Warnings about Hormonal IUDs
For women tired of having to remember to take a contraceptive pill at the same time everyday, the hormonal IUD can seem like a helpful solution. As a form of birth control that equips users to “set it and forget it,” the hormonal IUD can make women who are worried about getting pregnant feel more confident in their method. Hormonal IUDs are frequently known by the trade names Mirena®, Kyleena®, Liletta®, and Skyla®.
But while hormonal IUDs differ from the Pill, they actually carry many of the same side effects and complications as other hormonal contraceptives, in addition to health complications related to having a foreign object implanted in one’s body.
How hormonal IUDs affect your body
Hormonal IUDs are progestin-only, whereas many formulations of the Pill (besides the progestin-only “mini-pill”) contain a combination of estrogen and progestin. Because of their lack of estrogen, hormonal IUDs are thought to carry less risk for blood clot formation than estrogen-containing forms of birth control. However, similar to the Pill, the IUD can cause side effects such as headaches, nausea, breast tenderness, mood changes, and ovarian cyst formation, according to the American College of Obstetricians and Gynecologists. Other common side effects include loss or lack of libido, bloating, weight gain, acne, and missed periods and/or spotting in between periods.
Uncomfortable or painful insertion are another common side effect of IUDs. Experiences vary on the level of pain involved in IUD insertion. Some women report mild discomfort during the insertion procedure, while some find it exceedingly painful.
For the first six months after insertion, some women report heavier than usual bleeding that gradually lessens over time and may disappear altogether. Pelvic pain and/or cramping is another possible side effect of the hormonal IUD. As one IUD-user shared with The Everygirl: “While not having a period, I have been spotting for three months sporadically. It’s also given me weird abdominal cramps that are unpredictable, forcing me to take naproxen more frequently throughout the month (instead of just once a month for pain management). I gained weight (10 pounds thus far), and hormonally I feel kind of crazy, but that could just be in my head. I wouldn’t subject my body to it and would find some other way of contraceptive.”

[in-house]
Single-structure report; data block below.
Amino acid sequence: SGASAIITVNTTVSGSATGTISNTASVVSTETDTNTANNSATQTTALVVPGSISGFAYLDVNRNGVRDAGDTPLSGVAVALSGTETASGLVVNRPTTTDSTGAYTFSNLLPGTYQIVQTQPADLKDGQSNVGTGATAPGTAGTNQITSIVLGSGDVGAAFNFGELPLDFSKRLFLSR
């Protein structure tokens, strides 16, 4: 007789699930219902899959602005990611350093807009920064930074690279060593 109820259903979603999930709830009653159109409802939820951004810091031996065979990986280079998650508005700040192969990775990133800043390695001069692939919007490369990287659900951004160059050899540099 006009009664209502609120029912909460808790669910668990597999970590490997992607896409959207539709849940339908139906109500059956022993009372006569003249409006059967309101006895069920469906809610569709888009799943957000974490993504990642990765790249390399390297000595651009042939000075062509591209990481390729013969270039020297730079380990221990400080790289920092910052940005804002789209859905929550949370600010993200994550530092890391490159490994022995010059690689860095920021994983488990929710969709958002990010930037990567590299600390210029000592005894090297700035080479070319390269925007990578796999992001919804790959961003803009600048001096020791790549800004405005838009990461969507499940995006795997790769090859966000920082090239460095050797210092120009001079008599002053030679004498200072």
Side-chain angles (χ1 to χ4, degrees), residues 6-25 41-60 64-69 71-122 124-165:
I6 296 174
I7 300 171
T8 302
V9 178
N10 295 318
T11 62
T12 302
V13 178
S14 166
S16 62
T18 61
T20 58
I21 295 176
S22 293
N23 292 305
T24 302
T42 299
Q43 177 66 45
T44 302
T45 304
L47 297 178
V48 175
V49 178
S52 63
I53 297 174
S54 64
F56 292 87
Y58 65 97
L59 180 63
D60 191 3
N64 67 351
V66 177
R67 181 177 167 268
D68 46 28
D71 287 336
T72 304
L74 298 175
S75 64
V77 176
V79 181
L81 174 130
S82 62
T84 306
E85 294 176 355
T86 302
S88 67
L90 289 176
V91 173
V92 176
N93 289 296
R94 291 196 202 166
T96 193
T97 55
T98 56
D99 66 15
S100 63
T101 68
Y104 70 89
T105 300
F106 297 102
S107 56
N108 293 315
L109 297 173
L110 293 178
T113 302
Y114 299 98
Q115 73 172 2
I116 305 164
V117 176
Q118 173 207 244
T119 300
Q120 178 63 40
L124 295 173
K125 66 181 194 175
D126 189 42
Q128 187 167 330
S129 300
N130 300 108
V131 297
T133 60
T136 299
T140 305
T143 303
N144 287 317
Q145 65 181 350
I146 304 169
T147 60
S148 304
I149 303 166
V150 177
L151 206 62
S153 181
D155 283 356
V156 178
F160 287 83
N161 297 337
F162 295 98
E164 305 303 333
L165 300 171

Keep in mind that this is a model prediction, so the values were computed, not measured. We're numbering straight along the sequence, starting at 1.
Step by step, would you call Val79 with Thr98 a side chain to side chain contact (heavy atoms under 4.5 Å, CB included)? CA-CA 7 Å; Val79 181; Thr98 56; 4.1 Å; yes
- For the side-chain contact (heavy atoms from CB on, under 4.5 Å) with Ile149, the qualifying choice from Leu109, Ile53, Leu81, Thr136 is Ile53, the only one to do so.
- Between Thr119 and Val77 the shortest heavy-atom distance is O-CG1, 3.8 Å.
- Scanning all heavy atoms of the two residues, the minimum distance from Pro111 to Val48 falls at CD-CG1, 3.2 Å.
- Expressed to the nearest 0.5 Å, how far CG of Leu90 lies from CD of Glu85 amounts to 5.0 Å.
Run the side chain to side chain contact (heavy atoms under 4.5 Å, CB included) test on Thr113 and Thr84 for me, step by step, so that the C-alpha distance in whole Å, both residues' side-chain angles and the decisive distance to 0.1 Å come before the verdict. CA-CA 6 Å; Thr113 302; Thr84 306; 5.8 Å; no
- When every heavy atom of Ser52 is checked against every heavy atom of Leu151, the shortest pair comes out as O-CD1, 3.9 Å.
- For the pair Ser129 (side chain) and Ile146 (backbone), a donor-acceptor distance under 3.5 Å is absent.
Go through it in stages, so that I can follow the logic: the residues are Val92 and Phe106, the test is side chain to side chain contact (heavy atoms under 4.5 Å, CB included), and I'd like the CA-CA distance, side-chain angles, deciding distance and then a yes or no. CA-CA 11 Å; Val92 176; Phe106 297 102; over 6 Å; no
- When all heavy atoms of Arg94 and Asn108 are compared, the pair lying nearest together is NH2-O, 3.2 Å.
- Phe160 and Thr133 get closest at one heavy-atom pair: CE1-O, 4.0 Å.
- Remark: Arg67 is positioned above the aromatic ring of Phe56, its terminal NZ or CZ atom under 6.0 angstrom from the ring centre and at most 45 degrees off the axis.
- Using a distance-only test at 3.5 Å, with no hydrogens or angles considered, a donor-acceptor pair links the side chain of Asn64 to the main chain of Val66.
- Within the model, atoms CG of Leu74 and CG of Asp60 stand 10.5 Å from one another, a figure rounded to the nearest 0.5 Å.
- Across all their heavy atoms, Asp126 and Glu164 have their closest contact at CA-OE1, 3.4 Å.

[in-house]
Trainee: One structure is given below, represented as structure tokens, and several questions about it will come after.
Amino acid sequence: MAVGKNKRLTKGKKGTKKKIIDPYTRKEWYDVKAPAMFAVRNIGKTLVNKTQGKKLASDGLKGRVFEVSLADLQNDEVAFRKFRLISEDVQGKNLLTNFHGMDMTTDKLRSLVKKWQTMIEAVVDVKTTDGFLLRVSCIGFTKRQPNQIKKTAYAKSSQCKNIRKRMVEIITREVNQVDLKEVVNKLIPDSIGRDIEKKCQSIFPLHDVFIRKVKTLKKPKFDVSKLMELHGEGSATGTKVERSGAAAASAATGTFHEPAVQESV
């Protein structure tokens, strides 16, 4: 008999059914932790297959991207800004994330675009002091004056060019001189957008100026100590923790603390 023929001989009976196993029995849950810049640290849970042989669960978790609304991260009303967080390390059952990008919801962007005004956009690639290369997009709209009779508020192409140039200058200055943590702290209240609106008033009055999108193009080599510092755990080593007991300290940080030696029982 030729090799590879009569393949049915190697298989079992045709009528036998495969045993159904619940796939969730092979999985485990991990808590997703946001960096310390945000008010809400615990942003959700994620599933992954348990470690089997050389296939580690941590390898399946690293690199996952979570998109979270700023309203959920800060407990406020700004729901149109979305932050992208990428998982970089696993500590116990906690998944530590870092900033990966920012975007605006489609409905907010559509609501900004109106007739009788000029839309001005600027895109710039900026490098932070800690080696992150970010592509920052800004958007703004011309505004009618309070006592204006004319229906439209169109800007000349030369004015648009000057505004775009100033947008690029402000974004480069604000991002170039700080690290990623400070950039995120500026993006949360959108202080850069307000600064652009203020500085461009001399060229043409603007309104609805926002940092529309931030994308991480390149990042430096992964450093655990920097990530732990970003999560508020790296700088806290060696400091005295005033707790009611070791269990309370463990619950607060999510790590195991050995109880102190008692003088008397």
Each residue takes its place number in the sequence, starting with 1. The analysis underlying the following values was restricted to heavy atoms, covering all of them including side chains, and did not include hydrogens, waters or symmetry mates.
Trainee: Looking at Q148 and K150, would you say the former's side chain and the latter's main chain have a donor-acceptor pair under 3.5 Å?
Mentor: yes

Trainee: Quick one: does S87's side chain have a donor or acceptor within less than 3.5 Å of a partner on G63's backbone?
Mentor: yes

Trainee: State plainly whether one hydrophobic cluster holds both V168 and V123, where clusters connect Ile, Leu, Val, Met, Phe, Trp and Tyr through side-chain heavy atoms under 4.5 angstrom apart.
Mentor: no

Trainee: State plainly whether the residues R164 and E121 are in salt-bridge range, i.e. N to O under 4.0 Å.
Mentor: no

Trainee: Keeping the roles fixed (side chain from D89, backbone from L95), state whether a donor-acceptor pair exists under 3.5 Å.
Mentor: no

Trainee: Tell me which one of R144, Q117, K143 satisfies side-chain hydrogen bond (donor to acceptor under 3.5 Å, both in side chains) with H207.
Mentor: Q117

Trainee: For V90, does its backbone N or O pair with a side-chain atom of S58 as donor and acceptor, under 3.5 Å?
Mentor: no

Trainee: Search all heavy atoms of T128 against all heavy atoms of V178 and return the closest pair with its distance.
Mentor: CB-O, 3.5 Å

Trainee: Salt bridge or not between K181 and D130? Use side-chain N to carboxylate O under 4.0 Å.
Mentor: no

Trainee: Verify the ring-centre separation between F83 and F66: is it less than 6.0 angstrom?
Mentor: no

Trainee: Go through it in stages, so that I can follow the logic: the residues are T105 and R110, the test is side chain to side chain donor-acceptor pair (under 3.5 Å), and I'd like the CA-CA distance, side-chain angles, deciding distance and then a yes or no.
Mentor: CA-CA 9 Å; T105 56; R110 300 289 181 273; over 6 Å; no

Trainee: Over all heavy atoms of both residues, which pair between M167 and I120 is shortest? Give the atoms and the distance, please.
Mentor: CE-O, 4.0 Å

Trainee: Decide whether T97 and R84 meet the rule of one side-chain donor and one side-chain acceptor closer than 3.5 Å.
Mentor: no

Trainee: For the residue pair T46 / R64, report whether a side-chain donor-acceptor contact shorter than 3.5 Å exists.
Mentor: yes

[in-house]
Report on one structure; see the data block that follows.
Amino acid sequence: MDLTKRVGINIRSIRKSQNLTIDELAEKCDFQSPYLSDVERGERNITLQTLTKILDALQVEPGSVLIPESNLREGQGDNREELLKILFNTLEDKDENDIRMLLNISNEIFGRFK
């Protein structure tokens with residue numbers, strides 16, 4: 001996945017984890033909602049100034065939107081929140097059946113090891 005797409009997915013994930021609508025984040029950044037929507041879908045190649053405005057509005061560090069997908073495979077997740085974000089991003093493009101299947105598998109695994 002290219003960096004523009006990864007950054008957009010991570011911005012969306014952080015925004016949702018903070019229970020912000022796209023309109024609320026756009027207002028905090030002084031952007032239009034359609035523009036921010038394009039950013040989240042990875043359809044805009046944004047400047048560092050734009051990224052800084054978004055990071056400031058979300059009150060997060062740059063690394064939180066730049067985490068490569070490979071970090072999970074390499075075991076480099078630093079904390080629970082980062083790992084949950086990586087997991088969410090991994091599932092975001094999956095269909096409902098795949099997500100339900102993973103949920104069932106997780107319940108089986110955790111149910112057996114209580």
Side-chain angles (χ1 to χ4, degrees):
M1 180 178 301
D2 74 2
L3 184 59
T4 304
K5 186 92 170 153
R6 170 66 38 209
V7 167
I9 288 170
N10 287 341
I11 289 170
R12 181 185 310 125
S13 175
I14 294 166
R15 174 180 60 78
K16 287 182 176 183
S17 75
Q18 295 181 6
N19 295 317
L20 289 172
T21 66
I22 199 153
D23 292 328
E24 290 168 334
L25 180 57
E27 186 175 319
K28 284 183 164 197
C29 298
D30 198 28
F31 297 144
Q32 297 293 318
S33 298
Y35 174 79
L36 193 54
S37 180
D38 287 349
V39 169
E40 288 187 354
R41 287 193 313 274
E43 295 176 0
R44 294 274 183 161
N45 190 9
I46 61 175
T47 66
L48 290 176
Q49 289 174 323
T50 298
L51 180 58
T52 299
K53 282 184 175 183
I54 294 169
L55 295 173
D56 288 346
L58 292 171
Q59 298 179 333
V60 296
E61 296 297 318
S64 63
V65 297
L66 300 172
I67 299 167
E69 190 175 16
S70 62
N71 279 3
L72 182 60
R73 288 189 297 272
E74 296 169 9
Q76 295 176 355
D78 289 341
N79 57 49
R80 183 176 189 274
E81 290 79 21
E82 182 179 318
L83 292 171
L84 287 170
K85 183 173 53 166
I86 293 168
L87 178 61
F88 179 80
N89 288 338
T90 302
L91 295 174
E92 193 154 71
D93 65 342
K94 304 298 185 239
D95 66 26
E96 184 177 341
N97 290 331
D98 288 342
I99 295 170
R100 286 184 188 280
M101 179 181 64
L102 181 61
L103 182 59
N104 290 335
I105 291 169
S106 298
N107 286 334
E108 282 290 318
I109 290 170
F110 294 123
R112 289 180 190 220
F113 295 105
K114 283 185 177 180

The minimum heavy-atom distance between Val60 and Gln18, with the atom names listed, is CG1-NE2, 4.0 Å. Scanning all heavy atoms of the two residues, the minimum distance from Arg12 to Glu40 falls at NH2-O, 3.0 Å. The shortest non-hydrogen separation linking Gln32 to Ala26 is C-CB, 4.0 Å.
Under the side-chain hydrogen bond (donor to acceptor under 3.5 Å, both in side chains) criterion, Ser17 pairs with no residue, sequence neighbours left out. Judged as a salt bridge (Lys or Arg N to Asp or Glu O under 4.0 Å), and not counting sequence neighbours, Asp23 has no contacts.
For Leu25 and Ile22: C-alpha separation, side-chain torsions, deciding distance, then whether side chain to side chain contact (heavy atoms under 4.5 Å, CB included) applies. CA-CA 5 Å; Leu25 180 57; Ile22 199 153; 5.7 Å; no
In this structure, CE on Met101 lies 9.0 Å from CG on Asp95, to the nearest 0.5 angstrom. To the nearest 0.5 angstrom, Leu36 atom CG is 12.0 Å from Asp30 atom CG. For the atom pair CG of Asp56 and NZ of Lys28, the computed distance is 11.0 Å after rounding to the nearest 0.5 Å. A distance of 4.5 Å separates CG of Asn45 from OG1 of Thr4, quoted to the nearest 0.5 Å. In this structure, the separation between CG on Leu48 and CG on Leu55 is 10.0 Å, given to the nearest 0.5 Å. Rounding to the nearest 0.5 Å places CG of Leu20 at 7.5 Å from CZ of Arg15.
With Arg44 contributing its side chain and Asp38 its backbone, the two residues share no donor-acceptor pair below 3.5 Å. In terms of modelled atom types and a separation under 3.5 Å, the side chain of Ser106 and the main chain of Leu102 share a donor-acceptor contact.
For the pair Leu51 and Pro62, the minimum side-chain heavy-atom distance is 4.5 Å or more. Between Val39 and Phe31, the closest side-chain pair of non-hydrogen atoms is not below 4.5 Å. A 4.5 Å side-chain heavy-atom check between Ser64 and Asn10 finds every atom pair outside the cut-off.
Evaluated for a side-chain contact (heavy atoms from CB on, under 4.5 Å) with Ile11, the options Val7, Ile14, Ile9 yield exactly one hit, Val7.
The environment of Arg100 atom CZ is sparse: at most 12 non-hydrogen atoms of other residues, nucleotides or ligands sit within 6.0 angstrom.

Since hormonal birth control has been connected to depression, anxiety, and other serious mood disorders, women who feel unlike themselves should take care not to dismiss mental-health symptoms as “in their heads.”
Serious complications from the hormonal IUD
Ectopic pregnancies—when the fetus develops outside the womb, typically within a fallopian tube—is a serious side effect, that ultimately results in the death of the fetus, potential loss of fertility for the mother, and potential death for the mother if left unresolved.
On occasions, the IUD has also migrated outside of the uterus, causing internal damage, infection, and necrosis. It has also been known to cause uterine perforation, and expulsion of the device can also occur.
Some women seeking to avoid artificial hormones opt instead for the copper IUD, but those share similar device-specific side effects of IUDs while adding risks of copper toxicity that can affect one’s thyroid. Read more on the copper IUD and women’s testimonials on this site to make the most informed decision.
Natural Alternatives to Birth Control
Safe, side effect-free, and effective natural birth control options based on learning the signs that mark the fertile and infertile phases of a woman’s cycle, are known as fertility awareness or natural family planning methods. These methods also serve as practical tools for monitoring reproductive health while offering the many health benefits of a naturally functional fertility cycle.